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Iran restricts internet access as protests claim 11 lives – Times of India

Paris: Iran Internet access was restricted on Thursday after days of protests and unrest took the lives of at least 11 people after the death of a young woman in moral police custody.
Public outrage flares in the Islamic Republic over the death of a 22-year-old man last week Masa Aminiwas detained on suspicion of wearing a hijab headscarf in an “improper” manner.
Activists said a Kurdish woman whose first name was Zina was fatally shot in the head, but the authorities who announced the investigation denied the allegations.
In six straight nights of protests, female demonstrators defiantly took off their headscarves and burned them in bonfires or symbolically cut their hair before cheering the crowds.
“No to headscarves… yes to freedom and equality!” Protesters in Tehran were heard chanting at a rally echoed by solidarity protests abroad.
An Iranian woman interviewed by AFP on the streets of Tehran said she had become more careful with her dress to avoid running into moral police.
“It’s scary,” said Nazanin, a 23-year-old nurse who asked to identify by first name only for safety reasons. She added that it is not.
International vigilance rises over Iran crackdown on protests, including by US president Joe Biden In a speech to the United Nations.
“Today, we stand with the brave citizens of Iran and the brave women who are demonstrating to secure their basic rights.” Biden said at a meeting on Wednesday.
He was speaking shortly after world leaders gathered in New York to hear Iranian President Ebrahim Raisi’s defiant speech.
He pointed to the death of an indigenous woman in Canada, Israel’s actions in Palestinian territory, and the Islamic State group’s “barbarism” against women from religious minority groups.
Raishi said, “As long as there is a double standard where attention is focused on one side and not all are equal, there can be no true justice and fairness.”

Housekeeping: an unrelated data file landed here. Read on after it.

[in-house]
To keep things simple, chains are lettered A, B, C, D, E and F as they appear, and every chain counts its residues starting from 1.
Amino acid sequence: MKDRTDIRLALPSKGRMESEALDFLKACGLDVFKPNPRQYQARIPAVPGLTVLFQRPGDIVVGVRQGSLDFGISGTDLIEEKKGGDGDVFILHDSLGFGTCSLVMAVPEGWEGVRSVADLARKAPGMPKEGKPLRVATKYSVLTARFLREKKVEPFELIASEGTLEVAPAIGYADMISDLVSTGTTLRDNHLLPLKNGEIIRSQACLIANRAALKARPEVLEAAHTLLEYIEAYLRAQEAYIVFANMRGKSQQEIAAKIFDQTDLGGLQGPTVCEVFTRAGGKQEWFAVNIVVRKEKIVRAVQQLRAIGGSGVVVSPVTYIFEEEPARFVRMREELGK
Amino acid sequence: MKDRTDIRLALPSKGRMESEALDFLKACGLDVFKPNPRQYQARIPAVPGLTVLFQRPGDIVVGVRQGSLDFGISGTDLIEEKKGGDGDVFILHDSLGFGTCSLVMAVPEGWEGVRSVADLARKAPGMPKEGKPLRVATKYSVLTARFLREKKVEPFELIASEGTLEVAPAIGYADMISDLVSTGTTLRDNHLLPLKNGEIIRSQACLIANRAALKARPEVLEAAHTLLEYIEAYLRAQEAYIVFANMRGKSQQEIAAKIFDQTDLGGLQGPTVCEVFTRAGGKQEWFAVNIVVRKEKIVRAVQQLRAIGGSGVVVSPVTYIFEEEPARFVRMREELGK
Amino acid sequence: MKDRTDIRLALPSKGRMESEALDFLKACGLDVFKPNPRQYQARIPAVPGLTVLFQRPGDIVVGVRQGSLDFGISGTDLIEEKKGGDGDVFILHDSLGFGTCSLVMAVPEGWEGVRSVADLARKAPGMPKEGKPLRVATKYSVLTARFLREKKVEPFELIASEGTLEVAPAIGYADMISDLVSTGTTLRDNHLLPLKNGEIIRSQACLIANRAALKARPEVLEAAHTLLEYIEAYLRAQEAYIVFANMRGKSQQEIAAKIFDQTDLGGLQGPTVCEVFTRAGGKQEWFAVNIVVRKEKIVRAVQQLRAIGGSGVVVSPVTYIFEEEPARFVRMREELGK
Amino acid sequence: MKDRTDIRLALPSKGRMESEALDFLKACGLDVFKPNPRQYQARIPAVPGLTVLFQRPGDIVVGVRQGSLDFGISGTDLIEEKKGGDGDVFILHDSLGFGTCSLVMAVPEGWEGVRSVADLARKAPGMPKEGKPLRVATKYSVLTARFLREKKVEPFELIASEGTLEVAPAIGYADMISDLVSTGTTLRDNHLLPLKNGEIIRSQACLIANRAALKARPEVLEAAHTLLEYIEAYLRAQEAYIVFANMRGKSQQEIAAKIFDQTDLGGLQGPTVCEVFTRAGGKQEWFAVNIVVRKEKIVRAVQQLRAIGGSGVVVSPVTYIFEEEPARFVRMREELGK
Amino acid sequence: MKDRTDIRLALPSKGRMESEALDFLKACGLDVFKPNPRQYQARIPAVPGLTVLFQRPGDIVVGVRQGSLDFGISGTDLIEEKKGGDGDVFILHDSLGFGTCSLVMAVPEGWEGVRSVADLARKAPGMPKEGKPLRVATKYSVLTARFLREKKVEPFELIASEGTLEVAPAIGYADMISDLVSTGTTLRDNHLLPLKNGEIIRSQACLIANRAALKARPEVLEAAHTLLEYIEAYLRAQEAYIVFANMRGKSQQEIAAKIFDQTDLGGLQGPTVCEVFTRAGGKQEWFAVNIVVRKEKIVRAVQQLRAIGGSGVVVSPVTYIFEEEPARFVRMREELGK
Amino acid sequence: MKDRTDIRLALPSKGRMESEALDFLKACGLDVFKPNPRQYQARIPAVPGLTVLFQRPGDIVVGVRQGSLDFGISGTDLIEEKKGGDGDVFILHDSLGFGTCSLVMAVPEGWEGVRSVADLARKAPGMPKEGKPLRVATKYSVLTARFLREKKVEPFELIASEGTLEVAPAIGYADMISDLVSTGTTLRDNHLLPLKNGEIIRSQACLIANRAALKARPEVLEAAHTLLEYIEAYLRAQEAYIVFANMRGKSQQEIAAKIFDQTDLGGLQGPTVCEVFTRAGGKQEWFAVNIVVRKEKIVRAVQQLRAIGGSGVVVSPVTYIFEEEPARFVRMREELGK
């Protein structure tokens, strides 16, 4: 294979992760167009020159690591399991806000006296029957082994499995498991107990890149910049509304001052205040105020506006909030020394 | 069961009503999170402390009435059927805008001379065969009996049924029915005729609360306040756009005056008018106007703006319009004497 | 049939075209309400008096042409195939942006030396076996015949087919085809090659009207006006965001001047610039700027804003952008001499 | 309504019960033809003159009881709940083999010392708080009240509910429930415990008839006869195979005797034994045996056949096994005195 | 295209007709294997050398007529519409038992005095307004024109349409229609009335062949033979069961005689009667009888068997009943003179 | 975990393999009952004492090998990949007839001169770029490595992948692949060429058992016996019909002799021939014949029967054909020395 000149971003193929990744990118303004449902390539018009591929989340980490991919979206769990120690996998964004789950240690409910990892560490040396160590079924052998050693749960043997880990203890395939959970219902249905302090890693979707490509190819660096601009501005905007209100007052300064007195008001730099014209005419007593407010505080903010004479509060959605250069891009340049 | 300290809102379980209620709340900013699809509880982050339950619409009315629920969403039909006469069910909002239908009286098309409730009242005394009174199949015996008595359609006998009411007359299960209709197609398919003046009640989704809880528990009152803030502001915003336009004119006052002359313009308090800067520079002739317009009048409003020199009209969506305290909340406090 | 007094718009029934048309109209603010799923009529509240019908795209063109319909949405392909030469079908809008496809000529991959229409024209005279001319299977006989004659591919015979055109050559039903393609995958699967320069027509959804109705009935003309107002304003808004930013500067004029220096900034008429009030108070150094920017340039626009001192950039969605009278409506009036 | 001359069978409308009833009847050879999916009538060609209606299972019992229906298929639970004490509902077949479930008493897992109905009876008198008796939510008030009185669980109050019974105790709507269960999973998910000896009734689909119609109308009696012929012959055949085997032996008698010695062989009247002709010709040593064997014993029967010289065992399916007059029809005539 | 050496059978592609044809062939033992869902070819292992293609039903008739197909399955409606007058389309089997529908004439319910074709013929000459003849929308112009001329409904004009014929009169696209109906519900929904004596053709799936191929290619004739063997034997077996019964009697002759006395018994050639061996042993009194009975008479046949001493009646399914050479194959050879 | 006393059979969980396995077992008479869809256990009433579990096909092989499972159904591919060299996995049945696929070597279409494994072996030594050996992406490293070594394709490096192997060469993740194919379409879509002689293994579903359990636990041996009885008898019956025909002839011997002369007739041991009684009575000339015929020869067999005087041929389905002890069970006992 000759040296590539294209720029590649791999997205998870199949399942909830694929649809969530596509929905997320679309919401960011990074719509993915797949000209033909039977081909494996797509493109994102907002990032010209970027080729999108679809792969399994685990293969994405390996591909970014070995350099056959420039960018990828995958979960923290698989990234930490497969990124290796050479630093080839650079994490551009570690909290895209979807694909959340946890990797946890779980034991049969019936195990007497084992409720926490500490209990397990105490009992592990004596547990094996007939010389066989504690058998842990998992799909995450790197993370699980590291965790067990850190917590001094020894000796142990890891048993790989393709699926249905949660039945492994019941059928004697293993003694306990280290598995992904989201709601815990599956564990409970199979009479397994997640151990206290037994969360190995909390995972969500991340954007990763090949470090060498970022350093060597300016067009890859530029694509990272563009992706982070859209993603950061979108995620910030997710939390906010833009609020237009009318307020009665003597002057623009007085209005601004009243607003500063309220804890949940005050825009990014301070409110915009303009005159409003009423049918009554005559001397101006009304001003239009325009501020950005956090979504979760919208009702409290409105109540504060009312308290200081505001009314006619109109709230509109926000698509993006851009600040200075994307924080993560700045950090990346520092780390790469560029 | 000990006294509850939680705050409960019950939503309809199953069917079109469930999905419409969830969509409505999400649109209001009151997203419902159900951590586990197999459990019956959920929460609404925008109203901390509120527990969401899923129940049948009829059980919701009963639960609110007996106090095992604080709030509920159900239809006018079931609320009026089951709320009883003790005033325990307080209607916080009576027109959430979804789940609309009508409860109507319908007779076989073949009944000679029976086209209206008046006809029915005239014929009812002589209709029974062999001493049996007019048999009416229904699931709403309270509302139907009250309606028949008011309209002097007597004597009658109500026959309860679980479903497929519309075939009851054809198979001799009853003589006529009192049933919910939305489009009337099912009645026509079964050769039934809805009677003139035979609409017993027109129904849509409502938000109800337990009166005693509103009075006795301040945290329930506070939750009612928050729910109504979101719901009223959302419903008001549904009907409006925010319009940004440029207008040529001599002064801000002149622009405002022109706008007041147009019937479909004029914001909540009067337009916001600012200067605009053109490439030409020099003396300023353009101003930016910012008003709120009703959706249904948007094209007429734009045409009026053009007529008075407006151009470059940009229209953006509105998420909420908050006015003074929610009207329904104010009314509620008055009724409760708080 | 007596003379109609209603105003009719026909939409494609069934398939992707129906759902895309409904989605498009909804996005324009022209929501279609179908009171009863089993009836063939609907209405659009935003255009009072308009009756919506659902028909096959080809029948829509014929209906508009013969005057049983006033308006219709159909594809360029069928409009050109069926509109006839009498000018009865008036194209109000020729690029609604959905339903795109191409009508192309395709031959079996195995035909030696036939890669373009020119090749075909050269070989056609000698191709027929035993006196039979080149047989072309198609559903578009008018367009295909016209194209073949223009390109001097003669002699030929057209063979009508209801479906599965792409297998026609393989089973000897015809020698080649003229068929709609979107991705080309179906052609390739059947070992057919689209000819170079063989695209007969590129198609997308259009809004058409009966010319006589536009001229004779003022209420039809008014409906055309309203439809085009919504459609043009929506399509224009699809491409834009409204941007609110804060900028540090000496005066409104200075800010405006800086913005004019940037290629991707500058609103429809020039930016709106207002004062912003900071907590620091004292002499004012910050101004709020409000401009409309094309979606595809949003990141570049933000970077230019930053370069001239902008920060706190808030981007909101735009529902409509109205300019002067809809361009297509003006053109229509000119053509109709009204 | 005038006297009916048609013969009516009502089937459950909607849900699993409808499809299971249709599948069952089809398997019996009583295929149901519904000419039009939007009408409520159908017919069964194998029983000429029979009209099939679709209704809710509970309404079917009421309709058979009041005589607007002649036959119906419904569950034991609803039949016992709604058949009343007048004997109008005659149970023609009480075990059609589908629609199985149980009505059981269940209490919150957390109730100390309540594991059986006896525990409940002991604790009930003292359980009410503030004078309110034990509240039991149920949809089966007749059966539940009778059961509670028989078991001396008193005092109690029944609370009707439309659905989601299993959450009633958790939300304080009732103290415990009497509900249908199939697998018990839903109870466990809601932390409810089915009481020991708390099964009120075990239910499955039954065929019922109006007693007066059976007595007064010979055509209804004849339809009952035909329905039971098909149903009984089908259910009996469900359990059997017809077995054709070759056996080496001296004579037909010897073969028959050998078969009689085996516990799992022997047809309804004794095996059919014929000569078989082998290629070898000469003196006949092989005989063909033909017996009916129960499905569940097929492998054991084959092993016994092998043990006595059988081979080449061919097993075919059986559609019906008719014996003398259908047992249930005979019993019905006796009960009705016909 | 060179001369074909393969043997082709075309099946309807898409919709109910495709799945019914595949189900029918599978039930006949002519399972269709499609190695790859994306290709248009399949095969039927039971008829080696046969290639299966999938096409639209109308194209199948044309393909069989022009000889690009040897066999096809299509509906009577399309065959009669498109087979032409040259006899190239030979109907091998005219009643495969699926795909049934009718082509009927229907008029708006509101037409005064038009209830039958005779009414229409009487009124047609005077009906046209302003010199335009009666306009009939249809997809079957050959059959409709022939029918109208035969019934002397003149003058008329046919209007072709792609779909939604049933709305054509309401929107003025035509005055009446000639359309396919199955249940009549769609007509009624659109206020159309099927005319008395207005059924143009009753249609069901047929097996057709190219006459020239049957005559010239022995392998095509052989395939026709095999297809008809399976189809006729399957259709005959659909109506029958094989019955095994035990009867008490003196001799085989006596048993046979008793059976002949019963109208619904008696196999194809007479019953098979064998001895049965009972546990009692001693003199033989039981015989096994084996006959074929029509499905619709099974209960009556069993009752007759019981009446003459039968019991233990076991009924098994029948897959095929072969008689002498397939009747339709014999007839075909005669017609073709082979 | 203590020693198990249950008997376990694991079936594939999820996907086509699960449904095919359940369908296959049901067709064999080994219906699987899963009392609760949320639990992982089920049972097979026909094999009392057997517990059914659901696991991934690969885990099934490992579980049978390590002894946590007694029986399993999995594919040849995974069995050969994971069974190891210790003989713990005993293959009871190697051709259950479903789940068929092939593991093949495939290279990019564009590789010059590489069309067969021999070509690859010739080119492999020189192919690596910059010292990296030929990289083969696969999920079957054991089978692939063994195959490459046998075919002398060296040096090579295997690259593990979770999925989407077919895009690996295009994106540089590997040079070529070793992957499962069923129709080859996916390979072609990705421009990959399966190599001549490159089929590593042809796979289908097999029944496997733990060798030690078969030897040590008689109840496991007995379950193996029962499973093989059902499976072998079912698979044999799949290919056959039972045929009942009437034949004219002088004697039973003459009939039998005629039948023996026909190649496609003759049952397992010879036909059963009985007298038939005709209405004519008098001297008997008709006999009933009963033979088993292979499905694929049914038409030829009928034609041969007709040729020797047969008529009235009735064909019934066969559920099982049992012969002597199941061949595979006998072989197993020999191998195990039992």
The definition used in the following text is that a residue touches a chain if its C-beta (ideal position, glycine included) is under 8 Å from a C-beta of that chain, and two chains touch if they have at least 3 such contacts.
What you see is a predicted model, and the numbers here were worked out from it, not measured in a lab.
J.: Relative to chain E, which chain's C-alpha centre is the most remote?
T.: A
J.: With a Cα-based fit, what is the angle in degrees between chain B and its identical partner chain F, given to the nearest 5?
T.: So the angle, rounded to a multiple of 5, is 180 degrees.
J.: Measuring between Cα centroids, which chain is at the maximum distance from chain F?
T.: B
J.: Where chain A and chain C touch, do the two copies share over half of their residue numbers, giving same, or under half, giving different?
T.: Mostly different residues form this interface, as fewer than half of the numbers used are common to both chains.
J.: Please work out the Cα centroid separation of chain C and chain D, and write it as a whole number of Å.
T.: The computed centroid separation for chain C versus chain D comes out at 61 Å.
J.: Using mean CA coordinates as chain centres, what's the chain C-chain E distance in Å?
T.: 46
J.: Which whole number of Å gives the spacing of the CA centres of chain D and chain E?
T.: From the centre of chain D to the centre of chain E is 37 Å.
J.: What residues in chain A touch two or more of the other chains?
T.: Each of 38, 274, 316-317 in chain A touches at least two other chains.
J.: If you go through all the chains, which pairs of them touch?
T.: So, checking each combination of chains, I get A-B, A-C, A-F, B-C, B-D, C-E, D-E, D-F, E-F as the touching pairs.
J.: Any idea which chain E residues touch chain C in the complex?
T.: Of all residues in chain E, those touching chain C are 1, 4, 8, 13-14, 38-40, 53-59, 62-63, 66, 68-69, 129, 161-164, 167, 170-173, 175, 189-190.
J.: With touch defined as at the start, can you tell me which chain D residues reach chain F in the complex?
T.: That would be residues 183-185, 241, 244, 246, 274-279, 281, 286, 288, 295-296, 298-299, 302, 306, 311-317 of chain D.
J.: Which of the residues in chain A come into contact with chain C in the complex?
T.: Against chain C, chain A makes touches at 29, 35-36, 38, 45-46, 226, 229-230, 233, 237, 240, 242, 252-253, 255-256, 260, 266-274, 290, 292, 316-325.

Iranian state media said street rallies had spread to 15 cities by Wednesday, with police using tear gas to make arrests and disperse crowds of up to 1,000 people.
In southern Iran, video footage reportedly from Wednesday shows the building of General Qassem Soleimani, a revered Revolutionary Guard commander who was killed in a US drone strike in Iraq in 2020. A giant photo on the side of the building showed demonstrators setting fire.
Protesters threw rocks at security forces, set fire to police vehicles and trash cans, and chanted anti-government slogans, state-run IRNA news agency reported.
Video footage of protesters chanting “Death to the Dictator” and “Women, Life, Liberty” has circulated outside Iran, despite online restrictions first reported by Internet access monitor Netblox.
Iran moved to further block access to Instagram and WhatsApp on Thursday.
“As of yesterday (Wednesday) evening, access to Instagram has been disabled in Iran and access to WhatsApp has been suspended as per the decision of the authorities,” the semi-official Fars news agency reported.
These two apps are Facebook, Twitter, Telegram, YouTube, and tick tock.
UN human rights experts have condemned both the “use of physical violence against women” and “state-mandated internet disruption”.
“The disruption to the internet is usually part of a larger effort to stifle freedom of expression and curtail ongoing protests,” they said in a statement.
On Thursday, Iranian media said three militiamen “mobilized to deal with the rioters” were stabbed or shot dead in northwest Tabriz, central Qazbin and northeast Mashhad.
A fourth member of the security forces died in the southern city of Shiraz, the report said, adding that a protester was stabbed to death in Qazbin.
But fears the death toll could rise as Norway-based Kurdish rights group Hengaw reported on Wednesday the deaths of two protesters, aged 16 and 23, in West Azerbaijan province. had.
Iranian officials deny any involvement in the death of the protesters.
Amnesty International said it had documented the deaths of eight people – six men, one woman and one child – four of whom were shot at close range with metal pellets by security forces.
The protests are among Iran’s most serious since the November 2019 unrest over rising fuel prices.
The wave of unrest surrounding Amini’s death is “a very serious shock and a social crisis,” said David Rigrette Rose, an Iranian expert at the French Institute for International Strategic Studies.

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